The events on this day in history for our heritage companies are noted below:
The earliest event was in 1956, the latest event was in 2004
2001 – LANDING: STS-100 (Endeavour), Edwards AFB
Military and Classified Programs:
1957 – LAUNCH: Vanguard TV-1 suborbital test, Martin Viking 9, LC18A, CCAFS
1968 – LAUNCH: Classified mission, Thorad SLV-2G/Lockheed Agena D, SLC3W, VAFB
1978 – LAUNCH: RCA AMS-3 (DMSP-Block-5D S3), Thor DSV-2U, SLC10W, VAFB
1983 – Strategic Air Command transferred to Space Command management and resource responsibility for many systems, including DSP and DMSP
Exploration and Interplanetary Programs:
1956 – Rand Corporation studies a lunar instrument carrier, based on use of a GD Atlas booster
2004 – LM Genesis earth fly-by
Earth-Monitoring and Civil Weather Satellite programs:
Test, ICBM, FBM programs:
1961 – LAUNCH: Lockheed Polaris A2, LC29A, CCAFS
1963 – LAUNCH FAILURE: MM Titan I, 396-A1, VAFB, last Titan I at VAFB
1973 – LAUNCH: Lockheed Poseidon C3, SSBN628, ETR
1974 – LAUNCH: GD Atlas F, 576-A1, VAFB
1978 – SAMSO contracts defined three stage approach to MX (MM Peacekeeper) design
1959 – Goddard Space Flight Center established, Greenbelt, Maryland
The photo today is of the Vanguard TV-1 successful suborbital launch in 1957. Here’s a story from Wikipedia (links should be active):
Project Vanguard was a program managed by the United States Naval Research Laboratory (NRL), and designed and built by the Glenn L. Martin Company (now Lockheed-Martin), which intended to launch the first artificial satellite into Earth orbit using a Vanguard rocketas the launch vehicle from Cape Canaveral Missile Annex, Florida.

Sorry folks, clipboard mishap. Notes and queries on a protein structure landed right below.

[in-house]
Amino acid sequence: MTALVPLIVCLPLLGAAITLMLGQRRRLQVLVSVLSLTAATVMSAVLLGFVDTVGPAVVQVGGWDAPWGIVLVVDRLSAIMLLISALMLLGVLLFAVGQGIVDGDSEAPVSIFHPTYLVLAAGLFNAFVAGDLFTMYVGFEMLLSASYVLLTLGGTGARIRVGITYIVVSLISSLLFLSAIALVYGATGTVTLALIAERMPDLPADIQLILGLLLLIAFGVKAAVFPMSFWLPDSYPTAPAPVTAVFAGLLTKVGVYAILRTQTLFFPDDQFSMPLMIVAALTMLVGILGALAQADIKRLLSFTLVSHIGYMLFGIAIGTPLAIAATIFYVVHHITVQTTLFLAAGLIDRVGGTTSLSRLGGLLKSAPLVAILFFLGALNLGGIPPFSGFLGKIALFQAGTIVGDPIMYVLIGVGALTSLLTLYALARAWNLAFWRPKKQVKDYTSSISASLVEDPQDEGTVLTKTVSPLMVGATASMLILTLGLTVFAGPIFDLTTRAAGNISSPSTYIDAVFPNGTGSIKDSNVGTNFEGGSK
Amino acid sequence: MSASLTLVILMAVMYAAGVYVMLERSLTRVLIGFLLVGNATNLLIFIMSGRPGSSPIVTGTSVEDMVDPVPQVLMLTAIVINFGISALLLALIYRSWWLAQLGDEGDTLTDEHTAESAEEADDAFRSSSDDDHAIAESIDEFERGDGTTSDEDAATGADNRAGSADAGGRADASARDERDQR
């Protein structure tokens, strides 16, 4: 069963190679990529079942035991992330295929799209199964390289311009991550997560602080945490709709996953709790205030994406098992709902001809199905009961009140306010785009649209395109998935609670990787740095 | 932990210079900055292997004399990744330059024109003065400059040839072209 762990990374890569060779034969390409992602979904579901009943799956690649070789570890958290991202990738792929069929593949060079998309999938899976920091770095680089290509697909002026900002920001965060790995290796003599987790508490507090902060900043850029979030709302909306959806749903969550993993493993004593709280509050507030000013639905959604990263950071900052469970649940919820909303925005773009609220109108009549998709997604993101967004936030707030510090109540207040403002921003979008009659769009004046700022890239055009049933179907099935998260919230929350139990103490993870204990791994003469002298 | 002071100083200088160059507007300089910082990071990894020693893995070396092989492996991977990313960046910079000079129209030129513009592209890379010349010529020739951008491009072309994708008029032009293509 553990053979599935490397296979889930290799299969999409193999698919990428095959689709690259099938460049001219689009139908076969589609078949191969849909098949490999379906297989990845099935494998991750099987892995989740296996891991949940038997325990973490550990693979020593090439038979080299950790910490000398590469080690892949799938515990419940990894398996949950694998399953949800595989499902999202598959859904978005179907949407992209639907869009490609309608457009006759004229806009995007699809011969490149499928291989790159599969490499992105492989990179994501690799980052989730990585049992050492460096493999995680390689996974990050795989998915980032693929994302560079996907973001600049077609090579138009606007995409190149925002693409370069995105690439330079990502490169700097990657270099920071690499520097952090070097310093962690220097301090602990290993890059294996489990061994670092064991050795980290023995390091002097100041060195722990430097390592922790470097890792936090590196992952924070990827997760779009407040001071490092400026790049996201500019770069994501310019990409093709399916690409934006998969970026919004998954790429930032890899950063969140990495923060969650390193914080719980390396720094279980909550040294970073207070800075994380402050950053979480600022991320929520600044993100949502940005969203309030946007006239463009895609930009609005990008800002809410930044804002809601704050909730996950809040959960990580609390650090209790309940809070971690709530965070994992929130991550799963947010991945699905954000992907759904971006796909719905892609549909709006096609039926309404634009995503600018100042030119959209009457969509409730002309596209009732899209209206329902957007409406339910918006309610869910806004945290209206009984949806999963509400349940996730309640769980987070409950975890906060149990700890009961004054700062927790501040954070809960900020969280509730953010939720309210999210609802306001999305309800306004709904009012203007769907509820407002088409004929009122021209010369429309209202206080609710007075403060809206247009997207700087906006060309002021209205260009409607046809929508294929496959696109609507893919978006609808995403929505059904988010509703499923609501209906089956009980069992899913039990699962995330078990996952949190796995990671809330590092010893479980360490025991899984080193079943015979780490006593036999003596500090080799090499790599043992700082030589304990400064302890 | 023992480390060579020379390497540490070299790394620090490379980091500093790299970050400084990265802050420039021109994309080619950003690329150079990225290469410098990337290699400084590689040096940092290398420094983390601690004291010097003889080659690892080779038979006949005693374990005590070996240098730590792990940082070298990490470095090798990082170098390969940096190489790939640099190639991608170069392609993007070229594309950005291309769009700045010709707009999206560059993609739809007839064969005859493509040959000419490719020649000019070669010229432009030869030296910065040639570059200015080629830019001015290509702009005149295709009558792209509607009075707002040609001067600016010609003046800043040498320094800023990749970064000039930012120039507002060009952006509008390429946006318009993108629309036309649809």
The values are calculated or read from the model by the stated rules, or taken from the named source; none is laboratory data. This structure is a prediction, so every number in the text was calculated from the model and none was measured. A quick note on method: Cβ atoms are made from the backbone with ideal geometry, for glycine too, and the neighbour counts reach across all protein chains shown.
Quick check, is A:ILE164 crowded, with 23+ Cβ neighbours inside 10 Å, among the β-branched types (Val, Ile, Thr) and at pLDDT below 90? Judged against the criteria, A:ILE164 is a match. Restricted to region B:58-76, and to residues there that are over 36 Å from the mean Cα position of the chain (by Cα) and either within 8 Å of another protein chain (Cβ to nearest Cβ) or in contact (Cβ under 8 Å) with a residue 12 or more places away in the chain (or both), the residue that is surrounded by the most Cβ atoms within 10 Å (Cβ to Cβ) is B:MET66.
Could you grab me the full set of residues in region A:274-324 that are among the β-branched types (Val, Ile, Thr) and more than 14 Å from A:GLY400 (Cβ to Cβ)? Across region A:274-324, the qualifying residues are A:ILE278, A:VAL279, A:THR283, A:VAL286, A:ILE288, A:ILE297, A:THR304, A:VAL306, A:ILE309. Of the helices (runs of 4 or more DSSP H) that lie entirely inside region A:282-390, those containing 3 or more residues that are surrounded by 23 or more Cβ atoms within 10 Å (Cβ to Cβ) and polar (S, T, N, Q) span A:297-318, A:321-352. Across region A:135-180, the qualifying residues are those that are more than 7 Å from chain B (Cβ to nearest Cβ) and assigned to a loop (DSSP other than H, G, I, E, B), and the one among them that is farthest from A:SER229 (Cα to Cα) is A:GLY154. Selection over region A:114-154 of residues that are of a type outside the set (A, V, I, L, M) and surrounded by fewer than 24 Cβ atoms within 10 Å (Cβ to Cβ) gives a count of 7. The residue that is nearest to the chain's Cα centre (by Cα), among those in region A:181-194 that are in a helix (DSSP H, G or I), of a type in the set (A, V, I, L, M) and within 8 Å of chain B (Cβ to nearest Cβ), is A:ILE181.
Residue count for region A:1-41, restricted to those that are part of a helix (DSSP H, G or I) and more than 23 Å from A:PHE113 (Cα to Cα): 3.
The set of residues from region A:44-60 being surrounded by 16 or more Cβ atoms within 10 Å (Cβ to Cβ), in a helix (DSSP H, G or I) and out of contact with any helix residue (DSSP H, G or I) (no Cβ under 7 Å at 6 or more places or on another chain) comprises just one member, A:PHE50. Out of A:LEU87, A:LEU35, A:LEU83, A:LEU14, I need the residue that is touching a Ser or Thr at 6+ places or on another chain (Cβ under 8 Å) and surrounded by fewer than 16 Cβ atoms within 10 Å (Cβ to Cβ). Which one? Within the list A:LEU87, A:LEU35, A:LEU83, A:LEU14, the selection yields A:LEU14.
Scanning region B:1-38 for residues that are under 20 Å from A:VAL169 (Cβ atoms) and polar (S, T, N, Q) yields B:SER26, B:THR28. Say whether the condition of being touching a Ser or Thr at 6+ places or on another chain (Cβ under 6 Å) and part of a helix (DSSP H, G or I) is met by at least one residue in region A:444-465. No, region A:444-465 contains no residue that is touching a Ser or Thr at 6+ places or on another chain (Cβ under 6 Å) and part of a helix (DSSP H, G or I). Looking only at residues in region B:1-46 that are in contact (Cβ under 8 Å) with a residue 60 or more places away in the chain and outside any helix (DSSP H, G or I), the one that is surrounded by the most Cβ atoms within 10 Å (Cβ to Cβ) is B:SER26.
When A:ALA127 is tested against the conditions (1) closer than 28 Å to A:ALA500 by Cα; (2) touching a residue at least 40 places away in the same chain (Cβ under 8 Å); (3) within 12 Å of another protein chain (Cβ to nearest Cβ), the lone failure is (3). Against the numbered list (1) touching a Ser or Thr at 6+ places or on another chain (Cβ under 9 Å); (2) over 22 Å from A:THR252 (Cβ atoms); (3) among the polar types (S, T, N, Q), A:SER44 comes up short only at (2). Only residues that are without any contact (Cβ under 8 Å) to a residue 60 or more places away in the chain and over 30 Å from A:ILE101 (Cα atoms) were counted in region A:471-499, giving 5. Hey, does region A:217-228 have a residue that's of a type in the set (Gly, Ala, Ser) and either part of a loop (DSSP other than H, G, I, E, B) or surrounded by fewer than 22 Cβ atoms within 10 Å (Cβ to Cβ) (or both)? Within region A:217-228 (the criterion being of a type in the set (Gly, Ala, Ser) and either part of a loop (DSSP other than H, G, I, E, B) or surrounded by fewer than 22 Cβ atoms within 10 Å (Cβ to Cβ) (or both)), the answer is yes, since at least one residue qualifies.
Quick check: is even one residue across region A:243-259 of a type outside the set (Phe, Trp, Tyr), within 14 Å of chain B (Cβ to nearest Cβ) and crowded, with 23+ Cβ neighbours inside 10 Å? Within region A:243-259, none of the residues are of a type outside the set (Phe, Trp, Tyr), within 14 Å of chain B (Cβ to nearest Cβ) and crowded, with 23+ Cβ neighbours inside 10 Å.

Vanguard TV-1 arrived at Cape Canaveral in February 1957. TV-1 was a two-stage rocket. Vanguard TV-1 used a liquid rocket from a modified Viking rocket for the first stage. The second stage was made by Grand Central Rocket Company. The second stage was a prototype solid-propellant rocket. This solid-propellant second stage later became the third stage of the final three-stage Vanguard vehicle. Three stages are needed to put a satellite in orbit, the goal of Vanguard.
Vanguard TV-1 lifted off on 1 May 1957 at 01:29local time (06:29 GMT) from Cape Canaveral from launch pad LC-18A. Launch pad 18A was an older Viking launch stand that was shipped from White Sands Missile Range for use at the Cape Canaveral. Pad 18A was also used on Vanguard Test Vehicle-Zero (Vanguard TV-0).
The main goal of Vanguard TV-1 was to test the solid-propellant rocket. The solid-propellant rocket needed to spin-up, separate from the first-stage booster, ignite, provide a proper propulsion and trajectory. Another goal was to test the techniques and equipment used to launch and track the rocket. The telemetry received during flight would record the proper propulsion and trajectory. The telemetry was picked up at the Air Force Missile Test Center‘s (AFMTC) tracking station. Vanguard TV-1 was successful, the two stage rocket achieved an altitude of 195 km (121 mi) and a down range of 726 km (451 mi), landing in the Atlantic Ocean.